Phoenix Airport

​Business is Business     |     The Hollow Man Series, International Espionage

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The Phoenix Airport has always fascinated me. It’s called Sky Harbor International Airport. I get the International bit because it’s so close to foreign countries like Mexico and California, but the Sky Harbor part has always baffled me. Do the planes sort of dock in the clouds and the passengers descend one hell of a long exit ramp? Obviously, they don’t do any of that, but I wondered about what went through the guy’s head who proposed that name.

“Hey, I’ve got an idea,” Bob suggested. “Let’s call it Sky Harbor Airport, yanno, Sky…Harbor…planes and boats…boats that fly? Pretty wild, huh?”

“So what else we got?” asked the meeting manager. “Anything? Anything at all?  Come on team, now’s your chance.” Blank faces. “Does anyone know a single thing Phoenix is known for? How about a famous person?”

“My uncle Louie once passed Joe DiMaggio in Terminal C,” Dave countered.

“Great, we’ve got Mr. Coffee Airport and Sky Harbor. I guess we’ll go with Sky Harbor. But, Bob, you and Dave are both barred from future Public Relations naming meetings.”

There is an additional possibility of the name’s origin. I once flew into town when the runway was over 130 degrees. Since airplane tires back in the day tended to blowout on tarmac with temperatures greater than 122 Fahrenheit, we were diverted to another airport. Believing that was not the first time for an alternate landing field, maybe someone sarcastically suggested air traffic control should just rack ‘em and stack ‘em in the air somewhere off to the left there.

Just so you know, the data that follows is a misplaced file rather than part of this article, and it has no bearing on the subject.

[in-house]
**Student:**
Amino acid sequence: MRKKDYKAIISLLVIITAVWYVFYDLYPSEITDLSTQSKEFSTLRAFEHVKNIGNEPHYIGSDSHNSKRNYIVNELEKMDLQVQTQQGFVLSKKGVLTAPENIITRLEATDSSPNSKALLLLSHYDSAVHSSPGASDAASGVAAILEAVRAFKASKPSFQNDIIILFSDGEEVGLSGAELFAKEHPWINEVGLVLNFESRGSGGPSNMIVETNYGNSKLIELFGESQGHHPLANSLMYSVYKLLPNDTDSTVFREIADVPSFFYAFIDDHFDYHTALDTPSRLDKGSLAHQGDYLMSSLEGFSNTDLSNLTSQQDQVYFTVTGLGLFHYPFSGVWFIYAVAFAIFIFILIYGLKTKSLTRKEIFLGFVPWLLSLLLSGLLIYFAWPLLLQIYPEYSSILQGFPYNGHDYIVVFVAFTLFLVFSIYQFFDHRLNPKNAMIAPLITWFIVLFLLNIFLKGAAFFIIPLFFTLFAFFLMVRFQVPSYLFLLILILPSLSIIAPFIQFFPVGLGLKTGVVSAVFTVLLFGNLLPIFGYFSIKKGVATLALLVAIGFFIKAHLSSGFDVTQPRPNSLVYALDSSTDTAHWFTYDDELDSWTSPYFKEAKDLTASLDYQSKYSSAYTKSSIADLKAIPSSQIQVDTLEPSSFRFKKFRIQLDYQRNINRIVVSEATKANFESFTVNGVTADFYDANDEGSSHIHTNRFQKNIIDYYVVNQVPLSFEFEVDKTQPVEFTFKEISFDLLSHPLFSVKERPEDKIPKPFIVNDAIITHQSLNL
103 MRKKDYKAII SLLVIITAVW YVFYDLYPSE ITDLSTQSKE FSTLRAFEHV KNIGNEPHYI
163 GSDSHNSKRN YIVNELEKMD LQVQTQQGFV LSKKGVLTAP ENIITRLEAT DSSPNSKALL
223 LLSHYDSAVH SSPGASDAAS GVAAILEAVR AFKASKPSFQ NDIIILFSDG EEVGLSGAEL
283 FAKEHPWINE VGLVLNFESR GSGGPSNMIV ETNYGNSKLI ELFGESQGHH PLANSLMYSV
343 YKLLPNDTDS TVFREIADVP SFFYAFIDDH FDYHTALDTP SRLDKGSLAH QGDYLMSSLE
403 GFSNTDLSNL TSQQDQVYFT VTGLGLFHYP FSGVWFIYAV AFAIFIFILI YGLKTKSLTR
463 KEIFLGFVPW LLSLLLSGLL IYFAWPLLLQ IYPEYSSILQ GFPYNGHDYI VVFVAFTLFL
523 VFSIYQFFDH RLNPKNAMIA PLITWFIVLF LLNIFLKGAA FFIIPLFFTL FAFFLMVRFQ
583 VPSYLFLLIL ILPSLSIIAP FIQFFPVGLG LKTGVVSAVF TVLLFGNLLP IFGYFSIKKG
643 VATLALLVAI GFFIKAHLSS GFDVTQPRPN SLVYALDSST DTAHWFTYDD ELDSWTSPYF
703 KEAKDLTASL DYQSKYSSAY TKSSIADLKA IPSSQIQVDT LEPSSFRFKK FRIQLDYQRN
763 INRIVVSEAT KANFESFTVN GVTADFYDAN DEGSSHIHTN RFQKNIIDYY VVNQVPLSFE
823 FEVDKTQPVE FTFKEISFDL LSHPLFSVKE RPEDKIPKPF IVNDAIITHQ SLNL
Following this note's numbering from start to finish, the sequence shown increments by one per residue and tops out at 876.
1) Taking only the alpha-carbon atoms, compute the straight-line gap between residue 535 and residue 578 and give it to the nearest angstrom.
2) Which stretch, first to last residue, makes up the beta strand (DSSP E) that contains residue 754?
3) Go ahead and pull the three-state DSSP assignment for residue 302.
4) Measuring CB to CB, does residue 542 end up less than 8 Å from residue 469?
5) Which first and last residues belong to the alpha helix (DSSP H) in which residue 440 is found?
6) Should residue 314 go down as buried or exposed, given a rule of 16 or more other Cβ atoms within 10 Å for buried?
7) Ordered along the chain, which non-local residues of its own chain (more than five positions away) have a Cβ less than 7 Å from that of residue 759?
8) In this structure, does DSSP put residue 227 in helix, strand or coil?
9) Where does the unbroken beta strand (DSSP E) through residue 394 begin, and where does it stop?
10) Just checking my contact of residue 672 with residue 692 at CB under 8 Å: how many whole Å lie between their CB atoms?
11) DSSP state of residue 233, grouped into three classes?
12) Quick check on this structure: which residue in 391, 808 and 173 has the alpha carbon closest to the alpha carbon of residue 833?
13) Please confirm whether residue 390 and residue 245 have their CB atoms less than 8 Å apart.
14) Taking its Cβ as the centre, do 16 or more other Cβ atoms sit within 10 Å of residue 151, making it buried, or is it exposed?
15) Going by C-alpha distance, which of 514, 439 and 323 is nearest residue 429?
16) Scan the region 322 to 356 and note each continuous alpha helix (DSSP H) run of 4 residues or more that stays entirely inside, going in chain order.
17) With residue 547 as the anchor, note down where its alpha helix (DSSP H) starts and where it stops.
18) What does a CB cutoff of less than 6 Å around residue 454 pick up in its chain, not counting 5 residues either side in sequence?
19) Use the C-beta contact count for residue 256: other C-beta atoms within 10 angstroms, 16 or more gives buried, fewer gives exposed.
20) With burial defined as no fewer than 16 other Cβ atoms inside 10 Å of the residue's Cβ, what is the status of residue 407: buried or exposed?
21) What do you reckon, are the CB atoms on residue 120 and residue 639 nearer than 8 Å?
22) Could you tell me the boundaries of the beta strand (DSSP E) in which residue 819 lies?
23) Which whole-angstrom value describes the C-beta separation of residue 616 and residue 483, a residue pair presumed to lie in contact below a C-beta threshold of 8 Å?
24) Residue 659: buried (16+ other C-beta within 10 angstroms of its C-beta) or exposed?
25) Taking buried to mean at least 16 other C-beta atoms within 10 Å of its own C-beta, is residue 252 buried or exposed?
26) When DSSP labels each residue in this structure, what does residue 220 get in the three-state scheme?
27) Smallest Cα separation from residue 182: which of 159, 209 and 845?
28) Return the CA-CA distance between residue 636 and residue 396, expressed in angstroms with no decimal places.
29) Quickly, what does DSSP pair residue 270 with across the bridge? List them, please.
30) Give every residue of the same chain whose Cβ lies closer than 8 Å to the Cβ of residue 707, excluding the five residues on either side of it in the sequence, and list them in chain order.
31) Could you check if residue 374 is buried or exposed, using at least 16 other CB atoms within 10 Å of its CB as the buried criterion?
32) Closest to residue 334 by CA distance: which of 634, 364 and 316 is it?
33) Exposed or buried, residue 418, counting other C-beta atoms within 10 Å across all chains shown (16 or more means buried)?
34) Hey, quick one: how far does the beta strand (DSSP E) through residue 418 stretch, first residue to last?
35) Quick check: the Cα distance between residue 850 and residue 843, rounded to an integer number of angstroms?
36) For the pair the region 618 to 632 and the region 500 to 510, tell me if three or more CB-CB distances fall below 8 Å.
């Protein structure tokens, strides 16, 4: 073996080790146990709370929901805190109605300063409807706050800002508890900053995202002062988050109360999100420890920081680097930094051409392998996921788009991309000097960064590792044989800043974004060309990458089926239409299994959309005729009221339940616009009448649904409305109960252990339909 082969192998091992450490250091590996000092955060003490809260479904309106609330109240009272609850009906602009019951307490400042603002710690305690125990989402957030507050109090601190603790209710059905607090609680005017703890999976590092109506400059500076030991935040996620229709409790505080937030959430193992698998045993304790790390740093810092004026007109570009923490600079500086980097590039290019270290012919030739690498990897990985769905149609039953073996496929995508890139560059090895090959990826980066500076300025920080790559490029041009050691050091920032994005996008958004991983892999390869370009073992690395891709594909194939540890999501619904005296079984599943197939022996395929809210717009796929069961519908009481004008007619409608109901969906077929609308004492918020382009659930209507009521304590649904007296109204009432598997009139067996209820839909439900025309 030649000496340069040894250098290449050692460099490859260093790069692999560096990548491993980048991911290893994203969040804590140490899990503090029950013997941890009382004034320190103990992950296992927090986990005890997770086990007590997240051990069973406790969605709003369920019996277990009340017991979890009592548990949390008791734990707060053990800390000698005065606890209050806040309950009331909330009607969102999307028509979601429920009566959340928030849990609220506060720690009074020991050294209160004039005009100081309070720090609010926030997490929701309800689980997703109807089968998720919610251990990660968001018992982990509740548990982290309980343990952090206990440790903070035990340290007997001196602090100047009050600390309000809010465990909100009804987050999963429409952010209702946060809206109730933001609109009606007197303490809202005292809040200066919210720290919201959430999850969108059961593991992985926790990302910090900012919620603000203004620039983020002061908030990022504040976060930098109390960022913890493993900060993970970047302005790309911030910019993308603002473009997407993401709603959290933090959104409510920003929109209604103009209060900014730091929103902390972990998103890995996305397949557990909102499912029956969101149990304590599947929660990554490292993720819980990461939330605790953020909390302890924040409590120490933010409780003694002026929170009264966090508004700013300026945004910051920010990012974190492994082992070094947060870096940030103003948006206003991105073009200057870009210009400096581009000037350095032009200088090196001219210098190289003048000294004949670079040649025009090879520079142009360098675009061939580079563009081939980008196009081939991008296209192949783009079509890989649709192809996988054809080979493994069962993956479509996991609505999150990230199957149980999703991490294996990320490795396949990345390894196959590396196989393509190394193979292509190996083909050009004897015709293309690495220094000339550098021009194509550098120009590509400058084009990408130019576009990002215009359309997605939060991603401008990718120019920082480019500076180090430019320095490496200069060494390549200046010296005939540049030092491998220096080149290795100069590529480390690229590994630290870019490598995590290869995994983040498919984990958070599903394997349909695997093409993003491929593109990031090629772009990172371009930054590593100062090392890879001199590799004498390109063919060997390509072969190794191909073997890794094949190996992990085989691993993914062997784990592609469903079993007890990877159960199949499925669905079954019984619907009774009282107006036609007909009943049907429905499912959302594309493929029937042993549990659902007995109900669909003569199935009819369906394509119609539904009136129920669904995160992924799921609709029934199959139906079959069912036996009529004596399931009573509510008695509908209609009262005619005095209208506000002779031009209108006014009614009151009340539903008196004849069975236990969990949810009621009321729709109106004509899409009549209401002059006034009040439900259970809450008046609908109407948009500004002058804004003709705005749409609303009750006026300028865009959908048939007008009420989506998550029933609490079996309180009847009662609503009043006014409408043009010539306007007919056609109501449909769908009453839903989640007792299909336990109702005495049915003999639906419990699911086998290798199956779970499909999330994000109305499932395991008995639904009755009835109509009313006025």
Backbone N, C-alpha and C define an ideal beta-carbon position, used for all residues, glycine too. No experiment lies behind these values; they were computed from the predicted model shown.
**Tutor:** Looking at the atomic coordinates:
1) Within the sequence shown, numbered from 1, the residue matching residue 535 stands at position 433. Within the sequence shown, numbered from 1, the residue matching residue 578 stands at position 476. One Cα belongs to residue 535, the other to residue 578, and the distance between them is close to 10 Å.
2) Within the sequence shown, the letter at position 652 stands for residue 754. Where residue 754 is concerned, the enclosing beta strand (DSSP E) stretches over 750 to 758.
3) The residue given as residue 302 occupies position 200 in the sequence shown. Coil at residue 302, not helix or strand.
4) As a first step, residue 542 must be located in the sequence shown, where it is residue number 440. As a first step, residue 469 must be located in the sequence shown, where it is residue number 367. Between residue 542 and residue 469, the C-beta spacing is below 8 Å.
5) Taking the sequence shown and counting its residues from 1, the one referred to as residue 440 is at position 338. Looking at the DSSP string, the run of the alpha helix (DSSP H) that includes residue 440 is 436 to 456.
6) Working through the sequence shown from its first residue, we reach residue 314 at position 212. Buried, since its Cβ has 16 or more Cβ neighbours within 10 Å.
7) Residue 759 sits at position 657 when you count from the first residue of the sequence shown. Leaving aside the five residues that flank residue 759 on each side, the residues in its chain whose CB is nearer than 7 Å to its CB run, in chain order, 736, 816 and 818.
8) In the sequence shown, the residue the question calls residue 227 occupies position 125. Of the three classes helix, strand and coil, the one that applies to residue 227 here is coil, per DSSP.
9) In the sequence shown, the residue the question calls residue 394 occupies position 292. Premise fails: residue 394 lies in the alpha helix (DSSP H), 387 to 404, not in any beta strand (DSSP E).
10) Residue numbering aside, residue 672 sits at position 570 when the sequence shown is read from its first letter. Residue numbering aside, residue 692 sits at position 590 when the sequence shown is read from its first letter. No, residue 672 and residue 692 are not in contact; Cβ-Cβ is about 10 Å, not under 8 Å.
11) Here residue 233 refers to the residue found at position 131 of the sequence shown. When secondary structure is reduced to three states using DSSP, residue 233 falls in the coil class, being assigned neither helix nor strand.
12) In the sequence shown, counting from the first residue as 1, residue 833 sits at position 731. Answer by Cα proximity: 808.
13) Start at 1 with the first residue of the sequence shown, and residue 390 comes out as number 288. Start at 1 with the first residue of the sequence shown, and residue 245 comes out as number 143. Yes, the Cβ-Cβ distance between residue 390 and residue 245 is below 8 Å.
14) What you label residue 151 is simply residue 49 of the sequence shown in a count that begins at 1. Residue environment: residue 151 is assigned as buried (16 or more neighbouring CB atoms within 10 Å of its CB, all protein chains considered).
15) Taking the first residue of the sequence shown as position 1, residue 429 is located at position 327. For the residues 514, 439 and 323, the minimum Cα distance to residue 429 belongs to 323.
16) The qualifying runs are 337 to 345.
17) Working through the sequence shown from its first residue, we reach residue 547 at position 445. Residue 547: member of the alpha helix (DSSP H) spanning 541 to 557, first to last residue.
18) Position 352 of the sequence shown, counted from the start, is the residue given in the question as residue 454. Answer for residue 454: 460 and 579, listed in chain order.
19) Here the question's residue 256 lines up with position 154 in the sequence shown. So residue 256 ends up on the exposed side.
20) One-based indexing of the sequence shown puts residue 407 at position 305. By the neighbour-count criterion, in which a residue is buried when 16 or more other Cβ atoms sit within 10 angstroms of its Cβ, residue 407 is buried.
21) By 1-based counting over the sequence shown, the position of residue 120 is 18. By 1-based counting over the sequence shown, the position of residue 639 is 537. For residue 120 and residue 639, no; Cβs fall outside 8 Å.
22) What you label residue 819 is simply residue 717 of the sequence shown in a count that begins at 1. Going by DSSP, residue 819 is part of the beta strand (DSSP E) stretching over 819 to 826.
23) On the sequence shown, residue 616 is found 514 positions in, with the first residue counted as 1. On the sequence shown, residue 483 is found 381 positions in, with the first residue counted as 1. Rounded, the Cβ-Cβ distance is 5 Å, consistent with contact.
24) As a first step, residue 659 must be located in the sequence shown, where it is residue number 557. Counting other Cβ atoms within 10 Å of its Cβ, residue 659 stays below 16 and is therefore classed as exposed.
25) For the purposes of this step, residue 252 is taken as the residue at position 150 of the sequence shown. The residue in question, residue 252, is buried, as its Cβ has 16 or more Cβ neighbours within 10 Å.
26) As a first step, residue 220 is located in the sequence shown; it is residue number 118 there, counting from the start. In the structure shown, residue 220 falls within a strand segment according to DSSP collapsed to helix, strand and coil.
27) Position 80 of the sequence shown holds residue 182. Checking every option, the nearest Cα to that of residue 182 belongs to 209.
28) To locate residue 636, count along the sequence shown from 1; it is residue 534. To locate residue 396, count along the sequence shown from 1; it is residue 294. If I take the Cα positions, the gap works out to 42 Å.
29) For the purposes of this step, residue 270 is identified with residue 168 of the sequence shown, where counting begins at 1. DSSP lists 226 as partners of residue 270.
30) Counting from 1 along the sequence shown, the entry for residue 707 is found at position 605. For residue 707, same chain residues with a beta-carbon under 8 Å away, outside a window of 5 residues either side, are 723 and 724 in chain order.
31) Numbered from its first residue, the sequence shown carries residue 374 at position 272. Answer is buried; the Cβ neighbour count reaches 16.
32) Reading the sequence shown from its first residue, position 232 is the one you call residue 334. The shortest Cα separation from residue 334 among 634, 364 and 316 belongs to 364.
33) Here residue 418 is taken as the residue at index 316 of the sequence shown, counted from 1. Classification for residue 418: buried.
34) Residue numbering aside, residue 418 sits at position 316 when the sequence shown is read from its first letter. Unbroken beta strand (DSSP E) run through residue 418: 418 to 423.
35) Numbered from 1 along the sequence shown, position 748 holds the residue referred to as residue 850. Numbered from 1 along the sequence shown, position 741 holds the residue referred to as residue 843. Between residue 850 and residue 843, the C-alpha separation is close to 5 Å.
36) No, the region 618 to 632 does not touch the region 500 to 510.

And to paraphrase the bible, “if you’re in hell, keep walking…toward the airport; it’s the fastest way out of town.” I found myself in this situation many times, waiting in a TSA line between a beautiful blonde woman and a man carrying a rooster in a cat carrier. I could have been hallucinating with a heat stroke, but I don’t think I was.

The lady walked through the metal detector and the machine buzzed. She walked back to my side and takes off her sandals (yes, there was a time before the shoe requirement). A light white sweater joined the shoes, as she folded it into another basket. With tanned legs and arms swinging, she reentered the metal detector with the same result.

A heavy sigh caved her chest slightly, but she willfully came back toward me. She removed no less than 20 gold and silver bracelets from one wrist. She placed them into a tray and reenters the metal detector. The situation was now resembling a reality TV show. She came back through the portal to eliminate her gold watch and a thin necklace. She tried again as the rooster crowed.

It was the same disappointing result. She returned to the outside and dropped her silver Navajo belt on a tray and one last time gambled on a successful trip through to the terminal. I guessed she was not Irish because luck again failed her.

The lady stood motionless, looking back at the TSA agent. She placed both hands on her waist, bringing her figure back into full focus. She glanced down. The hem of the dress rose a few inches, and the collar displayed a treat for anyone caring to stare.

“Well, what now?” she questioned in exasperation. 

“The dress. The dress!” A voice from the back of the line shouted.

Planning a Novel

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